As representatives of the scientific community, what can you concretely do to counter the climate crisis?

Bottarin: The truth is that even for us there are many aspects that are still not entirely clear, especially with regard to timing and interconnections between the various sectors. It is as if our planet is a patient with many pathologies: addressed individually they could be cured, but as a whole, the picture is critical. Even something insignificant could be enough to make it collapse, and we cannot predict what or when.

Palermo: History teaches us that research is a vox clamantis in the desert, and it often takes generations for people to devote themselves to the issues raised by science. This is because man is self-destructive and, as Max Weber explained, collective intelligence is quite different from individual intelligence and so far, it has worked. Will we manage it again, this time too?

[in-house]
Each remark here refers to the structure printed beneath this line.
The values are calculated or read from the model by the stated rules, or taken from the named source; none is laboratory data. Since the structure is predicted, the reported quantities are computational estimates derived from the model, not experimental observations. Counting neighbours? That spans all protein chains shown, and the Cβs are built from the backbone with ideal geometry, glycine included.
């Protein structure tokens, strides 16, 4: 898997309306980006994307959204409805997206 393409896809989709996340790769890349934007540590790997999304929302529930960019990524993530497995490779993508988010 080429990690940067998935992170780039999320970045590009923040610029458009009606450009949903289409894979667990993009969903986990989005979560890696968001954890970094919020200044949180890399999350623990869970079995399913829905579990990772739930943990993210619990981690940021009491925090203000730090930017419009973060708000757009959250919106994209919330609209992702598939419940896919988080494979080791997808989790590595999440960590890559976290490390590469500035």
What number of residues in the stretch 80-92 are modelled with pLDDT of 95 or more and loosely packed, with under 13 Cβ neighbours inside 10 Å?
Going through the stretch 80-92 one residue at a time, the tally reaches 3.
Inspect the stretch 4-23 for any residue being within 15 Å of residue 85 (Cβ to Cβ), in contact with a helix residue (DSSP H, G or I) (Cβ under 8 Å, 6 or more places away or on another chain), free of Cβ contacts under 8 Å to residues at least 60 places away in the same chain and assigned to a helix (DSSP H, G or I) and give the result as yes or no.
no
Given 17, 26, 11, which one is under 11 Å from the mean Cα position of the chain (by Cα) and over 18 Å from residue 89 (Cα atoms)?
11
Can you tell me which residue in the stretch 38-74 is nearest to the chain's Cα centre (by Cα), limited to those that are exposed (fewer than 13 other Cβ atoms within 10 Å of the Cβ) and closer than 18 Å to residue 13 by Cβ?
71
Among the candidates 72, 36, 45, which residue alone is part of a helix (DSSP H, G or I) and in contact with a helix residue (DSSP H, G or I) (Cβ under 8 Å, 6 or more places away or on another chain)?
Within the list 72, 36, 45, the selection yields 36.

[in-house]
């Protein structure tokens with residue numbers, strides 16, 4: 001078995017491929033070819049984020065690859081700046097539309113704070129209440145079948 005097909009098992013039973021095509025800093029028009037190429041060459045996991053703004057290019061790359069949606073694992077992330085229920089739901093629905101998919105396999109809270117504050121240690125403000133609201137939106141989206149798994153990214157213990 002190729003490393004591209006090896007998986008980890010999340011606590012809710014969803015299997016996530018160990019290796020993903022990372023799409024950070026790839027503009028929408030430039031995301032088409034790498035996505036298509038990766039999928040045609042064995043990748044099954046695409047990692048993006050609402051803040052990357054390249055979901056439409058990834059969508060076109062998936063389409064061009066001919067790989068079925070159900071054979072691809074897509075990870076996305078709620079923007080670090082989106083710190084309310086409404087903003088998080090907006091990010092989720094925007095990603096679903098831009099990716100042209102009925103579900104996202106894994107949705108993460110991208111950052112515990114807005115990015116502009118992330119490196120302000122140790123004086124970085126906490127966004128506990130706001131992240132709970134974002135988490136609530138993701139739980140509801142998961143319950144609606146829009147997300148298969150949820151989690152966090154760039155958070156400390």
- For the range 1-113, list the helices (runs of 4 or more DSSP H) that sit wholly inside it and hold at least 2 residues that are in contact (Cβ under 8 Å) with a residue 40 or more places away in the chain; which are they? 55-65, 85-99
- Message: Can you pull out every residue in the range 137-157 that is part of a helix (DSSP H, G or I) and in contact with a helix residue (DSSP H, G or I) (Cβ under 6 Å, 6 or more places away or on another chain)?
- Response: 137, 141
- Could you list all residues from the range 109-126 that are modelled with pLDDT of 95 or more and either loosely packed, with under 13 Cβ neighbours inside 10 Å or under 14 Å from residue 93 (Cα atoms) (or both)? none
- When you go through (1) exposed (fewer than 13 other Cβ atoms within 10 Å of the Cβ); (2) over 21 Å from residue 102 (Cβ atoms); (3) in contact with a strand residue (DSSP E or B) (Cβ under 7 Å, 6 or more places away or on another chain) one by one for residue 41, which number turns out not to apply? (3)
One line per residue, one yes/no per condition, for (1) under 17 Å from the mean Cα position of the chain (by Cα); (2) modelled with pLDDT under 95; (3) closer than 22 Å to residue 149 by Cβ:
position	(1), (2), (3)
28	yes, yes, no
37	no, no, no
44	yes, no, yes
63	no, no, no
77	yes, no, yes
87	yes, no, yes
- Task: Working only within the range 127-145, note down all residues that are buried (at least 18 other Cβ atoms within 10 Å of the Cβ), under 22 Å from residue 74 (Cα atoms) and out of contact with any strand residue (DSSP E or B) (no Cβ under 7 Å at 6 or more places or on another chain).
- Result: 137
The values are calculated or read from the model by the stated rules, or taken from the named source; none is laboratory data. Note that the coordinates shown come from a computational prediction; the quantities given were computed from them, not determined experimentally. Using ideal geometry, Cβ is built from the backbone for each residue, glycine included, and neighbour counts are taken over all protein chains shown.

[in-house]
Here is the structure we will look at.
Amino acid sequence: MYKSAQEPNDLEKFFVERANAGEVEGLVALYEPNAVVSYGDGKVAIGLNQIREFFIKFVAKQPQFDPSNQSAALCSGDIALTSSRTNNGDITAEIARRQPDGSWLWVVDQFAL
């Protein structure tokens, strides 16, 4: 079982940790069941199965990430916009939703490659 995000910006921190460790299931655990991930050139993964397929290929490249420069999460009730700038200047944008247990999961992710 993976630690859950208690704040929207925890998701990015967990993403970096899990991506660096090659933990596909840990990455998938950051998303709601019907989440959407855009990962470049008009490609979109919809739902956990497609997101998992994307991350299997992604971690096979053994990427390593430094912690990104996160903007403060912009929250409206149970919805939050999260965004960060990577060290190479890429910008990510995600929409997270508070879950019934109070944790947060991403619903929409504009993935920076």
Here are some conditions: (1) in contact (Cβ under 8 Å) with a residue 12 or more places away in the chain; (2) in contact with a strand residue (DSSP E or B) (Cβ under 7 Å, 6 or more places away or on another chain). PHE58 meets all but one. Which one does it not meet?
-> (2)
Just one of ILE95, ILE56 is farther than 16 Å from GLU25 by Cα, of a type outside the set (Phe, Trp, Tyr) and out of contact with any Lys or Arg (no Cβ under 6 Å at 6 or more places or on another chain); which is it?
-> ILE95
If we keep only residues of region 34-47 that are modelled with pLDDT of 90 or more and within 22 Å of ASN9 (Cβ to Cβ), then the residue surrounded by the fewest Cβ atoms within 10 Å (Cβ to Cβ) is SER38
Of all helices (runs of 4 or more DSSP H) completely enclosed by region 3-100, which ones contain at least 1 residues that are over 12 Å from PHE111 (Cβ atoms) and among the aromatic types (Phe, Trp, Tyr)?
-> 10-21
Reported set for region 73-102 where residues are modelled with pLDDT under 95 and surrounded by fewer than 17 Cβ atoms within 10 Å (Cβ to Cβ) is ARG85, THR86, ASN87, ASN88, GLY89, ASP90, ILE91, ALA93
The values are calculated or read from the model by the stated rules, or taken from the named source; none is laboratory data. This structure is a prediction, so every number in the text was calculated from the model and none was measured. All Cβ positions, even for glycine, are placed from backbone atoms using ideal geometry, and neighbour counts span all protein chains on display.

Bottarin: I agree, but I would also like to emphasize how important it is to give clear data and concrete indications, without seasoning them with panic. If we want people to tune in to the goal, we must not always just point out the shortcomings, but also praise the positive results. Pollutants have decreased thanks to purifiers that work, well-designed hydropower plants allow us to produce cleaner energy without compromising water quality. It can be done, and appreciation is important because it gives you fertile ground to move forward.

Should scientists be a little more political and politicians a little more scientific?